Jan 17, 2013 / 7:51 pm
Mother Nature appears to be slowly turning on the taps again at some B.C. hot springs damaged by an earthquake last fall.
Parks Canada announced Thursday that hot-water seeps near two pools in Gwaii Haanas National Park have been observed below the tide line by scientists, and thermal activity has been detected,but not to previous levels, in all other areas where it once occurred.
The park is located on southern Haida Gwaii's Moresby Island and other islands off B.C.'s northwest coast.
Water flow and thermal activity at the naturally-sourced hot springs stopped in October following a 7.7-magnitude earthquake and aftershocks.
"This is a promising development but the mystery of what will happen to the pools continues," said Ernie Gladstone, superintendent of the Gwaii Haanas field unit.
"We can't confirm that this means the hot springs will be back to normal in the future."
After the water stopped flowing, Parks Canada scientists installed heat-detecting devices at the hot springs.
The highest temperature recorded was 60C, while the highest ground temperature was 21C, Parks Canada said in a news release.
Gladstone said the park will continue to monitor the springs for activity.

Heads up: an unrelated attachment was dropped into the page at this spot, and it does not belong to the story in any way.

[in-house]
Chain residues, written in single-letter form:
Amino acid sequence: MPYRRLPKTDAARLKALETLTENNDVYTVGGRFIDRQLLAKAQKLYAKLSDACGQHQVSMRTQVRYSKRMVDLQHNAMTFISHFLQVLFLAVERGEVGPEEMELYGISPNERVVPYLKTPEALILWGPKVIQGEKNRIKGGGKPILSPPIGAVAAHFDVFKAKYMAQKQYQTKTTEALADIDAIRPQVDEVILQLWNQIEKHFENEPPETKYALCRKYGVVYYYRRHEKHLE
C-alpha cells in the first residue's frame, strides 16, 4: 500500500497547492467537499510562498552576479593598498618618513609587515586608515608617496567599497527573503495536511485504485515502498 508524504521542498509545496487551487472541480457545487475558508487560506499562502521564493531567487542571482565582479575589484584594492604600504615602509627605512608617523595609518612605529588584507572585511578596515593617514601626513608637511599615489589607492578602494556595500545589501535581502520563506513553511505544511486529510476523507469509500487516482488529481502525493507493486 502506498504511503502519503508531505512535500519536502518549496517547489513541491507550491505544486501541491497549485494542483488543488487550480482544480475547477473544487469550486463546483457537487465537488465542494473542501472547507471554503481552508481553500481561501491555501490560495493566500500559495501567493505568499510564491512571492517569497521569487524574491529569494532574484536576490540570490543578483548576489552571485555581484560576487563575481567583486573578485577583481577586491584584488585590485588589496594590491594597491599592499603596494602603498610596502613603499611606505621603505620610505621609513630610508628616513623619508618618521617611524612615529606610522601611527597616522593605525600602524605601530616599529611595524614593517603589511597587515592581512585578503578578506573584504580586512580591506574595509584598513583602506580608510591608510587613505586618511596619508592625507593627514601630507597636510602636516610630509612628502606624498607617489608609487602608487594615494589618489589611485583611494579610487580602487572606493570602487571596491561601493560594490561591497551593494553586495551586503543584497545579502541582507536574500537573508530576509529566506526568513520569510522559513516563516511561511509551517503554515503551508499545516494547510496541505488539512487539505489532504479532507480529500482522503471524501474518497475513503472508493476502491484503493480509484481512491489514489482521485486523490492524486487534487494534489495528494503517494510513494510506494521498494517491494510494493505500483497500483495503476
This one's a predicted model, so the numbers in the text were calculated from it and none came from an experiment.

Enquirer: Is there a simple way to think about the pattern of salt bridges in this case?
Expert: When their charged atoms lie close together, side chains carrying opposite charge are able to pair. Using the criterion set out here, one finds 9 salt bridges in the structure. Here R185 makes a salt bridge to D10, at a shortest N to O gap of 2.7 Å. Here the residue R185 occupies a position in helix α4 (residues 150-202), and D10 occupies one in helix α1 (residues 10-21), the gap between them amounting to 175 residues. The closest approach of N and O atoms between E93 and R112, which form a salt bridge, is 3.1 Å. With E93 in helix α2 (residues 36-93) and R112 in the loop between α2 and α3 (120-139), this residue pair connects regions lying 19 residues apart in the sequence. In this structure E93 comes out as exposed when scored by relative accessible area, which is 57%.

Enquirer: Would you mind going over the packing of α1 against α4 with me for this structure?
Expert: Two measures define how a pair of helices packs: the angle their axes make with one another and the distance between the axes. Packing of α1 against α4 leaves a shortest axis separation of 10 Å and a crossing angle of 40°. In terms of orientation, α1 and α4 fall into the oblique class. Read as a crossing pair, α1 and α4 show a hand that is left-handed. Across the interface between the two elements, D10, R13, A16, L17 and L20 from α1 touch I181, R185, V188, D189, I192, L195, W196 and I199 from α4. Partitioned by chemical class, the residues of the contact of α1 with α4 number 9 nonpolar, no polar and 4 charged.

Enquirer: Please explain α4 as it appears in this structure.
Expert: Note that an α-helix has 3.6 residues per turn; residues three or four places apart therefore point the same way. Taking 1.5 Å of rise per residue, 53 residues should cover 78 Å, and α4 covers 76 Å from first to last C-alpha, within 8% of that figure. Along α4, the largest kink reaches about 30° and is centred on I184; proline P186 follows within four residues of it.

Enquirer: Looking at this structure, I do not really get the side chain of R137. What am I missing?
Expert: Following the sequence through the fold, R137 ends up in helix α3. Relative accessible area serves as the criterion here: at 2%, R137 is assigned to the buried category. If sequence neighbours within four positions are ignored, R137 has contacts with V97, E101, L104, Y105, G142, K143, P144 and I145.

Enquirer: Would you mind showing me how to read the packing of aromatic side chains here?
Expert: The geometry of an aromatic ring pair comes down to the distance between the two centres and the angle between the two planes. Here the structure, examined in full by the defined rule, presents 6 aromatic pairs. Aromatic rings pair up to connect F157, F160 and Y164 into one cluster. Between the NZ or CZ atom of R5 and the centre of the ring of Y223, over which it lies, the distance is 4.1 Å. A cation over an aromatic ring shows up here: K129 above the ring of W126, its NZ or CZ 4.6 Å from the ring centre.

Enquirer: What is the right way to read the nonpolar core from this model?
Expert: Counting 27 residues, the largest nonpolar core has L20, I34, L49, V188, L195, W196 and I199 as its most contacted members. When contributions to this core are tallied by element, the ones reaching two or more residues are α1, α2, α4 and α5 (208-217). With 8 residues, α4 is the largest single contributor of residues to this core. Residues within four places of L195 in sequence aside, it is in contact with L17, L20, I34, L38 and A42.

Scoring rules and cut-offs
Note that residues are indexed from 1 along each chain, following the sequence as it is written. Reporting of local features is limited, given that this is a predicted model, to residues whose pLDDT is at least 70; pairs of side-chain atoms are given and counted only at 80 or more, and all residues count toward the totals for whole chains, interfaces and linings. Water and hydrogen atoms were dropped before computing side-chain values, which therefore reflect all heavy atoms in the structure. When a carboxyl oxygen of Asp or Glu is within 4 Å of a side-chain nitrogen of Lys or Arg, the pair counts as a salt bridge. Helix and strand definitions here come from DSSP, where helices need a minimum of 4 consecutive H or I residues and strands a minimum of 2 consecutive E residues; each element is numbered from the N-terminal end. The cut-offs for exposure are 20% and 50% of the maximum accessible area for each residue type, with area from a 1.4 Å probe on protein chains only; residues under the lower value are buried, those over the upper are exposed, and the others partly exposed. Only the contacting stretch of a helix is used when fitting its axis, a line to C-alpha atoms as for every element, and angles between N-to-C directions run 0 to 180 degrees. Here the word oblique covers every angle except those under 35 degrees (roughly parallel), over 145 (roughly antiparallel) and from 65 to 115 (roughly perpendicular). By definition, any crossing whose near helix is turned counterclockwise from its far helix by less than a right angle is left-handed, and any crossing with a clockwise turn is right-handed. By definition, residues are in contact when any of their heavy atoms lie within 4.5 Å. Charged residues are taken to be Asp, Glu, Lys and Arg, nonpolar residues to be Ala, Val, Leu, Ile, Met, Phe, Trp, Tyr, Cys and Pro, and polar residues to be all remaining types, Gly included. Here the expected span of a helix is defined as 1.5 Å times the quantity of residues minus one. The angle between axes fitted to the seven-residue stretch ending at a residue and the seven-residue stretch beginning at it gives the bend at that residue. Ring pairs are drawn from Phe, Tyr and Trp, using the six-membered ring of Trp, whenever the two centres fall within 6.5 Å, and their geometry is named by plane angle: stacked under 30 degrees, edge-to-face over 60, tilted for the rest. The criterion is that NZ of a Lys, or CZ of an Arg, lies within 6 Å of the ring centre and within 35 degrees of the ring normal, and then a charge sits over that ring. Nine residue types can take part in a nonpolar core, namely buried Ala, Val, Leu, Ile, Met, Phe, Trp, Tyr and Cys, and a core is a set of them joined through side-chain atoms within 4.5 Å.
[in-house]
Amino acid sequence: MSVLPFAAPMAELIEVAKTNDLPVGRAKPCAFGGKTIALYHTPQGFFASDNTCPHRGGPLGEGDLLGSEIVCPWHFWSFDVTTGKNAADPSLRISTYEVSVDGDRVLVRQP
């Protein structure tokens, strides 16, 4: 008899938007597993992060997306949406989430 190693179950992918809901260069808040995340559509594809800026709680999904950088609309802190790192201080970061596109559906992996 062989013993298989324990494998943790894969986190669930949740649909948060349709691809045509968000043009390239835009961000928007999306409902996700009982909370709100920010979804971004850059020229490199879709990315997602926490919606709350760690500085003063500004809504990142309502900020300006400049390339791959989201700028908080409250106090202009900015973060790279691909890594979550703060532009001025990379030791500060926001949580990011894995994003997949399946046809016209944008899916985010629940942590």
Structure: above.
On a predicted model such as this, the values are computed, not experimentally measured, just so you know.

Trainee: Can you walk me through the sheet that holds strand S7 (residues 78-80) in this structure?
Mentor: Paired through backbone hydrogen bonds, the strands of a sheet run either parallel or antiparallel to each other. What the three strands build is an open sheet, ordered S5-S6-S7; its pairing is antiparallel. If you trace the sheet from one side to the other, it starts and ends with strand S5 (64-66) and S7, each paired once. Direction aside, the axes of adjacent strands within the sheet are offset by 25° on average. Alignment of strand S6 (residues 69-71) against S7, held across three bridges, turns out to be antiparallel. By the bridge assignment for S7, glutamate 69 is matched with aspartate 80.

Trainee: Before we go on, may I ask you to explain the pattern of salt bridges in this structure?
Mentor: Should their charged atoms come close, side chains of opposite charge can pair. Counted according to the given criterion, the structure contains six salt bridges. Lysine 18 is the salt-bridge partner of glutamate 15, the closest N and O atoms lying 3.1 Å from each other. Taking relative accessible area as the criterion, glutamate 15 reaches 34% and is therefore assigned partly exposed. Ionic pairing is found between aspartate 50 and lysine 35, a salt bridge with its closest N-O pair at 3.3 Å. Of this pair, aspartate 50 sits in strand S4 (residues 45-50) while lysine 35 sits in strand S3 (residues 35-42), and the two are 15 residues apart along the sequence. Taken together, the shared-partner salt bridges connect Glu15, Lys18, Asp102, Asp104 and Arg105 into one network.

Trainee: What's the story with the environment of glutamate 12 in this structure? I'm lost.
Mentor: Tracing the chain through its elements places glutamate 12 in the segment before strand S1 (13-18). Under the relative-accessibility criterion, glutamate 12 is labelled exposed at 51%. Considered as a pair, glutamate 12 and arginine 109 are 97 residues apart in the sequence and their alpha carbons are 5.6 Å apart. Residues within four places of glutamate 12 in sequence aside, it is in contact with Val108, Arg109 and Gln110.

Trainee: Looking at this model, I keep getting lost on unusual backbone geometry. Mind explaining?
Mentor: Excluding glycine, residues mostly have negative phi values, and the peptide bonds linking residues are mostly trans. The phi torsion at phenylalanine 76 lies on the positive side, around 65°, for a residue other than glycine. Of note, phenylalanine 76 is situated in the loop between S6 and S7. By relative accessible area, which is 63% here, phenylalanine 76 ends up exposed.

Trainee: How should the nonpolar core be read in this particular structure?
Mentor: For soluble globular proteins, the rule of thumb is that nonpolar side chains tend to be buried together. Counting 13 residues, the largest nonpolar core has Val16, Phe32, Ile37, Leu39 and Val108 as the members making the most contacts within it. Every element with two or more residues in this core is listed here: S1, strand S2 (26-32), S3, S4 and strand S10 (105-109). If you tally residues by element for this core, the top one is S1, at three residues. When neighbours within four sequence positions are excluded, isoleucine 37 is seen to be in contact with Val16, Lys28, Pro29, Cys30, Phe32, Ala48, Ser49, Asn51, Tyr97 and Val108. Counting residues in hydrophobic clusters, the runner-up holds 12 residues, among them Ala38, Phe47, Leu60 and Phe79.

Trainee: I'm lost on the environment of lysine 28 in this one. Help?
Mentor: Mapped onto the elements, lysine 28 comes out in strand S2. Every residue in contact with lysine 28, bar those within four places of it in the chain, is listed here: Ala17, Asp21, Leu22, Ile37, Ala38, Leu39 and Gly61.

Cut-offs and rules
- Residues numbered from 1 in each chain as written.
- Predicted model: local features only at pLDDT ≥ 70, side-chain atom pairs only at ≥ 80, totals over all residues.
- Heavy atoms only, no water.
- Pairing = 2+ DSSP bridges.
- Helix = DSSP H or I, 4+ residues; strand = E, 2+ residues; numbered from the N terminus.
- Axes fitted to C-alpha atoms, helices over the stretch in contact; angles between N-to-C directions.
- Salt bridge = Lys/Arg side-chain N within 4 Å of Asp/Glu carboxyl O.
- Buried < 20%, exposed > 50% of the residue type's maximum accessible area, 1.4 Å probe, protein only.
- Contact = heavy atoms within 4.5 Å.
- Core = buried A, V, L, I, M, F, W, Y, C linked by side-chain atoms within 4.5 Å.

"Don't get too excited until we see the pools full," said Barb Rowsell, co-owner of a local tour company, Anvil Cove Charters.
"It may or may not come back to what it was but let's hope. It seems to be moving in that direction, but until it's actually there, we don't know."
Rowsell said the damage to the hot springs shouldn't impact the local economy, adding her company does six-day tours of the area, usually spending a half day at the hot springs.
"It's not a single thing and I don't think people would cancel trips of the Gwaii Haanas because of the hot springs."
The springs, part of a Haida Heritage Site, have been used for decades by the local First Nations to cook and gather seafood, and also because they are considered to offer healing properties.
They were also known to alleviate the aches and pains of sailors and kayakers, sea-faring tourists and campers from the region, as well as commercial fishermen.
The pools were contained in rough-hewn, manmade stone walls and varied in size, with the smallest soaker just over two metres wide and the largest more than seven metres. Waders would find the water reached their waist.
Only 12 people are permitted on the island at a time.
The island was home to 26 hot springs and seeps before the earthquake and temperatures were recorded between 32C and 77C, the park said. Warm-water reservoirs are several kilometres deep.
The park notes the island is located near a major fault system.
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